Fox River communities back in 'emergency' mode after rains

  • Tom McCleary, right, and Ray Robarge put another layer of sandbags on their way after Wednesday night's rain raised the water level to a new high point for the week on La Fox River Drive Thursday.

    Tom McCleary, right, and Ray Robarge put another layer of sandbags on their way after Wednesday night's rain raised the water level to a new high point for the week on La Fox River Drive Thursday. Rick West | Staff Photographer

  • Scott Thoman, left, and Jeff Peterson help sandbag a friend's house on La Fox River Drive in Algonquin Thursday.

    Scott Thoman, left, and Jeff Peterson help sandbag a friend's house on La Fox River Drive in Algonquin Thursday. Rick West | Staff Photographer

  • Beads of sweat pour off Ray Robarge of Algonquin as he places sandbags in front of the house he rents on La Fox River Drive.

    Beads of sweat pour off Ray Robarge of Algonquin as he places sandbags in front of the house he rents on La Fox River Drive. Rick West | Staff Photographer

  • Sandbags wait to be deployed on La Fox River Drive in Algonquin Thursday. The Fox River were rising throughout the afternoon after about 1.4 inches of rain fell overnight.

    Sandbags wait to be deployed on La Fox River Drive in Algonquin Thursday. The Fox River were rising throughout the afternoon after about 1.4 inches of rain fell overnight. Rick West | Staff Photographer

  • Pumps work to empty the backyard of the Prokop house on La Fox River Drive in Algonquin after the rising river breached both of their sandbag retaining walls.

    Pumps work to empty the backyard of the Prokop house on La Fox River Drive in Algonquin after the rising river breached both of their sandbag retaining walls. Rick West | Staff Photographer

  • After nearly an inch and a half of rain fell overnight and into Thursday morning in Algonquin, the Fox River could rise to 13 feet.

    After nearly an inch and a half of rain fell overnight and into Thursday morning in Algonquin, the Fox River could rise to 13 feet. Rick West | Staff Photographer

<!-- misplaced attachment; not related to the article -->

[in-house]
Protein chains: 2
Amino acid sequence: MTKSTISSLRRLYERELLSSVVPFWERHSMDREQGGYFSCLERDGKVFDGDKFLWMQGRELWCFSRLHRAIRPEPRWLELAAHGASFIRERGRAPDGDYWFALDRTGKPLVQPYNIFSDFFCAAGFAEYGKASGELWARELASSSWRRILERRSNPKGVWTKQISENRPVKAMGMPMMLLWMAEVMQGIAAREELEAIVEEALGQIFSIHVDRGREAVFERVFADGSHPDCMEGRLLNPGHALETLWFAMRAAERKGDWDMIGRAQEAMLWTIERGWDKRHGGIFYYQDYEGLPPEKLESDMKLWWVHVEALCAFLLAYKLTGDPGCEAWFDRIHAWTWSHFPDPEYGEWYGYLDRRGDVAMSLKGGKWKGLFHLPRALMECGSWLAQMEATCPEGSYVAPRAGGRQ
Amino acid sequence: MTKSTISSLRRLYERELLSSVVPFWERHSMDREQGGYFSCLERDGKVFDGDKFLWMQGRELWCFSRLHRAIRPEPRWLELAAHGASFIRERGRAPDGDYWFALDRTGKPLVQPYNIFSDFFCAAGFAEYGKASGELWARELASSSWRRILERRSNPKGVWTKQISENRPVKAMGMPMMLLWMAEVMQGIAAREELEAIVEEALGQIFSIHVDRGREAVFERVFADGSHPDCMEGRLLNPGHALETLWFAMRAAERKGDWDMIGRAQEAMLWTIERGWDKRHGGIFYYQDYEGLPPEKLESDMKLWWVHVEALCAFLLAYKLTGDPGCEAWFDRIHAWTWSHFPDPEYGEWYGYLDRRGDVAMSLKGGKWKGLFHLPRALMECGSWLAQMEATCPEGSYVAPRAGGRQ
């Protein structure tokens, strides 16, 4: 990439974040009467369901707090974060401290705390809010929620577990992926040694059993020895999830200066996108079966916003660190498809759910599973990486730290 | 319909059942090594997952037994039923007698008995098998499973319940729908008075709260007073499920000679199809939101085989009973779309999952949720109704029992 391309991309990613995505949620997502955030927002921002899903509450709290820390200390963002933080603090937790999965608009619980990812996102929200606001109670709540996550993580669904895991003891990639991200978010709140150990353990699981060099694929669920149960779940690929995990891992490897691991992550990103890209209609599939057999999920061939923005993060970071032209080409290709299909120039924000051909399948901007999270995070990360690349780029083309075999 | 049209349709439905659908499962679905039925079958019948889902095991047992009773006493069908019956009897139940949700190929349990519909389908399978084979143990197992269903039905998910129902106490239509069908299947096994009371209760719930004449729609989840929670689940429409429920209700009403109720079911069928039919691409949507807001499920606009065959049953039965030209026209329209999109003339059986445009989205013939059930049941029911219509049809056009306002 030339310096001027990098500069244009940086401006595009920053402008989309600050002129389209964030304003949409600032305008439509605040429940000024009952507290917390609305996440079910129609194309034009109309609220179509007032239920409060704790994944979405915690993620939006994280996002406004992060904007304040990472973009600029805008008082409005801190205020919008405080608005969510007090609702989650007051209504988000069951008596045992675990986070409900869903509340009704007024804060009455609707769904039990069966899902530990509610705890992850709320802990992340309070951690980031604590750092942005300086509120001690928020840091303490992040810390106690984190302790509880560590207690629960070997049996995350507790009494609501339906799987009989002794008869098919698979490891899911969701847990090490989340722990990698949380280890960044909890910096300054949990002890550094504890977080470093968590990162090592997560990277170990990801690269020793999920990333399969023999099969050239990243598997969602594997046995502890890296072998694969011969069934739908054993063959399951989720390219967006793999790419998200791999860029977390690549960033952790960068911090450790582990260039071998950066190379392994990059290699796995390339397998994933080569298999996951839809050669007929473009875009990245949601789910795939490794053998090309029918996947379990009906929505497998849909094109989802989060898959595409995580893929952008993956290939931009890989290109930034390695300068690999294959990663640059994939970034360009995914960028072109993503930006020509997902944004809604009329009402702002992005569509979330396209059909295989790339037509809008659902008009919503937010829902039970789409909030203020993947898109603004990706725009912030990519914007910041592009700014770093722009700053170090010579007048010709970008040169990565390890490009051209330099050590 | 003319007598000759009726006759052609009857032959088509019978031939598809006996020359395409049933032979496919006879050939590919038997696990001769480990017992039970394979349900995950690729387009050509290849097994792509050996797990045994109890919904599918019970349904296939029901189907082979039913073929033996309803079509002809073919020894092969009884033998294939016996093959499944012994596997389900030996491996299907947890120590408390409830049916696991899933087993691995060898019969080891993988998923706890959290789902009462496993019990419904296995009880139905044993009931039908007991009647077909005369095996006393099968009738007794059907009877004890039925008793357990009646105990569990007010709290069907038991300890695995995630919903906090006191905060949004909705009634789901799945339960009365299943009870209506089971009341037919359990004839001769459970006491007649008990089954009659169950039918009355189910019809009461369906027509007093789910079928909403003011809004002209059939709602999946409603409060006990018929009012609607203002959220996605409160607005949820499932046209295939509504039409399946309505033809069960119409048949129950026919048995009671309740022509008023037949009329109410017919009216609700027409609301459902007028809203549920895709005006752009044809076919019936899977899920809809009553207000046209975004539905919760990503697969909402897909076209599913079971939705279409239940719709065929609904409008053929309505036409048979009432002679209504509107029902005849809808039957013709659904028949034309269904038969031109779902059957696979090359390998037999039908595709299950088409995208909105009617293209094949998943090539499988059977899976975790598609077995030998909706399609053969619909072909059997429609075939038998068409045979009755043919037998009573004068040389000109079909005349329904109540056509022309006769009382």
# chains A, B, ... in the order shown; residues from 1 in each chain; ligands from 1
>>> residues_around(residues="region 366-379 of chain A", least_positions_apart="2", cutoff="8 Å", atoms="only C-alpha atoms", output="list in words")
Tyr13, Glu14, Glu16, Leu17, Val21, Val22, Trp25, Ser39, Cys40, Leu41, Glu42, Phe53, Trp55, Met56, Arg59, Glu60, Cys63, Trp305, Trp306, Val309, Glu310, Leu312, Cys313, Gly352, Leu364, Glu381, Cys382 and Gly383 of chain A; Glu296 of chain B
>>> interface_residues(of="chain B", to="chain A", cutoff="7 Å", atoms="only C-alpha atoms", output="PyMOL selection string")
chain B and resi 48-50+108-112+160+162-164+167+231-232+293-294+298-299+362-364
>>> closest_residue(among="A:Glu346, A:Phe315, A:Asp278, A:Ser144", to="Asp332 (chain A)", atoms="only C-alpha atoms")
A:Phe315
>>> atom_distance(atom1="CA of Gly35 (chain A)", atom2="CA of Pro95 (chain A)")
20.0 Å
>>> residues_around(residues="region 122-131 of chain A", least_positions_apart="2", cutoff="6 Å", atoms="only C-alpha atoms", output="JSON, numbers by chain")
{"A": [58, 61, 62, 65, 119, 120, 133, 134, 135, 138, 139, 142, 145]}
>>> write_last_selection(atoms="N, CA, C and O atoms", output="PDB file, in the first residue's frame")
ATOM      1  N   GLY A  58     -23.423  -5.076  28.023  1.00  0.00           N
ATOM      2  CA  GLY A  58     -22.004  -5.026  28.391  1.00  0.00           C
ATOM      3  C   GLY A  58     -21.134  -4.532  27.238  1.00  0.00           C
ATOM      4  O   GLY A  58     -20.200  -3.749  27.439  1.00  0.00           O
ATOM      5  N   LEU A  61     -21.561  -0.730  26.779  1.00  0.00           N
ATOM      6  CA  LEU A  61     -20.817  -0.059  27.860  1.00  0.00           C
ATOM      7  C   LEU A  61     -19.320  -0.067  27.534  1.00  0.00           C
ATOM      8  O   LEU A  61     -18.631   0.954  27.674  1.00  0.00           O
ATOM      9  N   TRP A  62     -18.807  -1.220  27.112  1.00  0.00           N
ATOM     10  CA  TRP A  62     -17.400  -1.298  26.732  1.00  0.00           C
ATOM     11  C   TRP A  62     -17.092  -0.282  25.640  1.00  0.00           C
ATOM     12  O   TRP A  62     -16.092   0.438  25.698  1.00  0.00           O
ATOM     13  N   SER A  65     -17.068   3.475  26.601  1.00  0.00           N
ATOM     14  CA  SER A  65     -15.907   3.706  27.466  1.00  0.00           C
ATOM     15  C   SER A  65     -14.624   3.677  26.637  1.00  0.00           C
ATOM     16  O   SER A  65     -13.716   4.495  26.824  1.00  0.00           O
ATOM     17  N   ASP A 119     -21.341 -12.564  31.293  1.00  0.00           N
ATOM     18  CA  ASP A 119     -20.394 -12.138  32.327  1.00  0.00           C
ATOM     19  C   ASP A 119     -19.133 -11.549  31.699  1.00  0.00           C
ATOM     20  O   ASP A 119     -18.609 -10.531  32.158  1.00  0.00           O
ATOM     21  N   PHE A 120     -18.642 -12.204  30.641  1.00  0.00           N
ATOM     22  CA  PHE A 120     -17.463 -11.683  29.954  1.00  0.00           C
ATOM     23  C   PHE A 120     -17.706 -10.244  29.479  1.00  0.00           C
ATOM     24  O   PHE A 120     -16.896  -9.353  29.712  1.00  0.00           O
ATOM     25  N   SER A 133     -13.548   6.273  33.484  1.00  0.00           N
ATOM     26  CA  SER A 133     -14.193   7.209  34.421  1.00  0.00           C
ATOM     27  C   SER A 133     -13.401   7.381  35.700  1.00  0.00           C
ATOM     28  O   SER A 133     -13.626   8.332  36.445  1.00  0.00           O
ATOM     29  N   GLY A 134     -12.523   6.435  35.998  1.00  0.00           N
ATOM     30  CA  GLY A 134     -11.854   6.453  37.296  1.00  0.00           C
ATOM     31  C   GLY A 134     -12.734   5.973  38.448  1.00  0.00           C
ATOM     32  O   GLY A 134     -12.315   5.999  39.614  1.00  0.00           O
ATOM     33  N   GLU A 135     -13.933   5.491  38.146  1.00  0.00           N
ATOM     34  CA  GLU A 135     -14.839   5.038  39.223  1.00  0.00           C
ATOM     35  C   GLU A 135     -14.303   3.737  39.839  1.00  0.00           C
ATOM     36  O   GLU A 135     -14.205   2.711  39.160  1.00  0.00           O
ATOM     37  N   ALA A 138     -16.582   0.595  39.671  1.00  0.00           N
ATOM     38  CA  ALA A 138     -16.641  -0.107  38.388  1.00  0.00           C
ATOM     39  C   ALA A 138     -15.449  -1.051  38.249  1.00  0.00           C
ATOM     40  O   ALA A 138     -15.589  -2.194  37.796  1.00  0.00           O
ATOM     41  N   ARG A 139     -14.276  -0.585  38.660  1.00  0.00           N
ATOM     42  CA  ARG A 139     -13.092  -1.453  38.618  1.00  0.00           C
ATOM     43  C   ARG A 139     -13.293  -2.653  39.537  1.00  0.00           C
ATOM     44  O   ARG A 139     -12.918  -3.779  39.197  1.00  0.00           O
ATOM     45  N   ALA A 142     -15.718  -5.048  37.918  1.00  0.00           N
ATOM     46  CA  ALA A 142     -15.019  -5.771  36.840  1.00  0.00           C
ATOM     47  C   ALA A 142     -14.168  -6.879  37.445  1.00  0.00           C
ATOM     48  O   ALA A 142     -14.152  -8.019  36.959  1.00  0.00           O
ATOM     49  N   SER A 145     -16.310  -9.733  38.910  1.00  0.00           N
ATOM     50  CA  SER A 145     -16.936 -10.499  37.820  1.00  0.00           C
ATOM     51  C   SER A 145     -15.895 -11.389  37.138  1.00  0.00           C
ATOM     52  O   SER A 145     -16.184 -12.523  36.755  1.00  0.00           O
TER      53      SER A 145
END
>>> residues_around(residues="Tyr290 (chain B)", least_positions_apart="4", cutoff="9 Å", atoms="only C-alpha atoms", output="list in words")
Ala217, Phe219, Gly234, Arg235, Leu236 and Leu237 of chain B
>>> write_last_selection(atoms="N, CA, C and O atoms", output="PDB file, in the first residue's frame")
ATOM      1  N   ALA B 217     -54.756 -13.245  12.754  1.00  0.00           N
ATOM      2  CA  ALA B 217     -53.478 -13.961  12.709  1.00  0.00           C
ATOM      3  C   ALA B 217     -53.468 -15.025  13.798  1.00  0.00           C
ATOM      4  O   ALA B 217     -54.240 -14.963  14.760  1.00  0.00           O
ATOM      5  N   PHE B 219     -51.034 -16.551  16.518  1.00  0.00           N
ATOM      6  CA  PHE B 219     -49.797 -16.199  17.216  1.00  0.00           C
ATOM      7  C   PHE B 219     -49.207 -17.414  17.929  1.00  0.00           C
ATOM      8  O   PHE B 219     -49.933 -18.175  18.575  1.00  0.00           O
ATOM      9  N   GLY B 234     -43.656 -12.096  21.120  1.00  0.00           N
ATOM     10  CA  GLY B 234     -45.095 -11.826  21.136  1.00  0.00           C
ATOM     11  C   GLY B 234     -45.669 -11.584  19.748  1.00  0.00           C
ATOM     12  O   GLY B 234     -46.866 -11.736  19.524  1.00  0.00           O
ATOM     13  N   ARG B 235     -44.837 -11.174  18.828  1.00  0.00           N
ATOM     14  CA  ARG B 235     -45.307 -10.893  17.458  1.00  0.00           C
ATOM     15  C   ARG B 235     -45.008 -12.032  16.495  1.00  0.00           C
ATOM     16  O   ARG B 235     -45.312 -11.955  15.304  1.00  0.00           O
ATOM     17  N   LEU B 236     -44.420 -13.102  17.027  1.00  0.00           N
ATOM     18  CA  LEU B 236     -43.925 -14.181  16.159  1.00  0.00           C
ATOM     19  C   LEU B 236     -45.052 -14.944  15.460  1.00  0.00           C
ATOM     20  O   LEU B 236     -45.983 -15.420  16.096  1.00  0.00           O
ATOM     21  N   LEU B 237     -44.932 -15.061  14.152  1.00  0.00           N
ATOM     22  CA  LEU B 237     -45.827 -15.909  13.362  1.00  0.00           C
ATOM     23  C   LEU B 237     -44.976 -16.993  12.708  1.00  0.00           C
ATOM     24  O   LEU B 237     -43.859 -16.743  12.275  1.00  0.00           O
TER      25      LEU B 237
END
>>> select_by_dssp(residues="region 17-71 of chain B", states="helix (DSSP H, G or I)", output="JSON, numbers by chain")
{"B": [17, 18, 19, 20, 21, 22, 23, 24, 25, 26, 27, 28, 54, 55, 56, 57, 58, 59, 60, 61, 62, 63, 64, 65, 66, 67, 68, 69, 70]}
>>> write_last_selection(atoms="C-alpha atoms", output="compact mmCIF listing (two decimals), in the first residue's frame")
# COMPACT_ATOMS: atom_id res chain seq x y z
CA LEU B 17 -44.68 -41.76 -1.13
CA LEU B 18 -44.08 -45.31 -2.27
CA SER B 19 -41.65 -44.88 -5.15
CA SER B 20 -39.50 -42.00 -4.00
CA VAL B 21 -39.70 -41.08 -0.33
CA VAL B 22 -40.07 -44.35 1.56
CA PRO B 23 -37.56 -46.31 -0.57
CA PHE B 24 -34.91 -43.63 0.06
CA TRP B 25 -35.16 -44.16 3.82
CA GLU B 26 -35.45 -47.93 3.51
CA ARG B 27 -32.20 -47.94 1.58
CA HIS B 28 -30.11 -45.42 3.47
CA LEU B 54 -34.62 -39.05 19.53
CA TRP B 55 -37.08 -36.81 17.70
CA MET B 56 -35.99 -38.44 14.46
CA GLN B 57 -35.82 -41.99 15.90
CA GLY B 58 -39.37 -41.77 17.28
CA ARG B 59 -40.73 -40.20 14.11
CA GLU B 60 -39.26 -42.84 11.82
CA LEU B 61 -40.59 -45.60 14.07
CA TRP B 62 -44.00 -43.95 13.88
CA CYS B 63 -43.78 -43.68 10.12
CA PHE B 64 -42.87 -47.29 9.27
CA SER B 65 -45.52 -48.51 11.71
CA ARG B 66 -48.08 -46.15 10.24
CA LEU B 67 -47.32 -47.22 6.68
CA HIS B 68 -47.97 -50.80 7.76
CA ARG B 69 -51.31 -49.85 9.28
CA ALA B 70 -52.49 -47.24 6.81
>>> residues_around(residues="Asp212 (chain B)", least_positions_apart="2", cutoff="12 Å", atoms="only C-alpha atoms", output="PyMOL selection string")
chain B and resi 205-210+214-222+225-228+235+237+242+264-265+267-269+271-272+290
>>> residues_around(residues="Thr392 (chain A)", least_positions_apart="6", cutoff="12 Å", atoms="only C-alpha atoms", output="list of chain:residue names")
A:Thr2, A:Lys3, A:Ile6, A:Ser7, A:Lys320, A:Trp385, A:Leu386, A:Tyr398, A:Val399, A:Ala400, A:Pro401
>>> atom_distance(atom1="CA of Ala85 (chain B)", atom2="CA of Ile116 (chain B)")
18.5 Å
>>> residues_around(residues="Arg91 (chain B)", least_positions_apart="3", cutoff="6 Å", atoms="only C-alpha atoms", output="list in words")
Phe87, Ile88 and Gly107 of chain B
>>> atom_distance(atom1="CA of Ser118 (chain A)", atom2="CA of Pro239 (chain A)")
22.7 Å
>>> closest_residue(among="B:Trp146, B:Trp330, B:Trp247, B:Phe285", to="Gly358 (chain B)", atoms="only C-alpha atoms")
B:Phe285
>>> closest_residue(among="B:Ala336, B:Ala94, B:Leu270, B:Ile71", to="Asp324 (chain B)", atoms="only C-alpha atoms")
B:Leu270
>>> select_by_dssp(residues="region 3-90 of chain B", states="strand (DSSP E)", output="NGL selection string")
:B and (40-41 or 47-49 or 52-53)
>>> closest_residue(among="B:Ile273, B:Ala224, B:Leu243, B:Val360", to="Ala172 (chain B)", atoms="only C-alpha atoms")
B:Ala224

• A park bench can barely be seen above the waterline near what is the normal bank of Fox River in Algonquin.

    A park bench can barely be seen above the waterline near what is the normal bank of Fox River in Algonquin. Rick West | Staff Photographer

  • A dump truck drops off another load of sandbags Thursday on La Fox River Drive in Algonquin.

    A dump truck drops off another load of sandbags Thursday on La Fox River Drive in Algonquin. Rick West | Staff Photographer

  • Becky Fuery of Algonquin loads her vehicle with sandbags in front of her house on Oceola Drive. Fuery says lifting each sandbag is about like lifting one of her toddlers.

    Becky Fuery of Algonquin loads her vehicle with sandbags in front of her house on Oceola Drive. Fuery says lifting each sandbag is about like lifting one of her toddlers. Brian Hill | Staff Photographer

  • Puddles of water have overflowed onto streets throughout Algonquin, including Winaki Trail, after about 1.4 inches of rain fell Wednesday night into Thursday.

    Puddles of water have overflowed onto streets throughout Algonquin, including Winaki Trail, after about 1.4 inches of rain fell Wednesday night into Thursday. Brian Hill | Staff Photographer

  • A house along Winaki Trail in Algonquin is surrounded by floodwater Thursday.

    A house along Winaki Trail in Algonquin is surrounded by floodwater Thursday. Brian Hill | Staff Photographer

  • Julie Lewkowicz helps fill sandbags Thursday along Winaki Trail in Algonquin. Lewkowicz who works for the United States Postal Service, delivers mail to these houses and says she felt she needed to come and help.

    Julie Lewkowicz helps fill sandbags Thursday along Winaki Trail in Algonquin. Lewkowicz who works for the United States Postal Service, delivers mail to these houses and says she felt she needed to come and help. Brian Hill | Staff Photographer

  • Matthew Leahy strains to lift another sandbag Thursday as he helps to shore up his neighbor's house on Water Street in East Dundee.

    Matthew Leahy strains to lift another sandbag Thursday as he helps to shore up his neighbor's house on Water Street in East Dundee. John Starks | Staff Photographer

  • Soaked and covered in sand, Lars Overland talks with family and friends Thursday as they help sandbag his house on Water Street in East Dundee.

    Soaked and covered in sand, Lars Overland talks with family and friends Thursday as they help sandbag his house on Water Street in East Dundee. John Starks | Staff Photographer

  • Lars Overland lifts a sandbag Thursday as floodwaters fill his basement on Water Street in East Dundee. Several friends and neighbors spent hours helping to shore up the house.

    Lars Overland lifts a sandbag Thursday as floodwaters fill his basement on Water Street in East Dundee. Several friends and neighbors spent hours helping to shore up the house. John Starks | Staff Photographer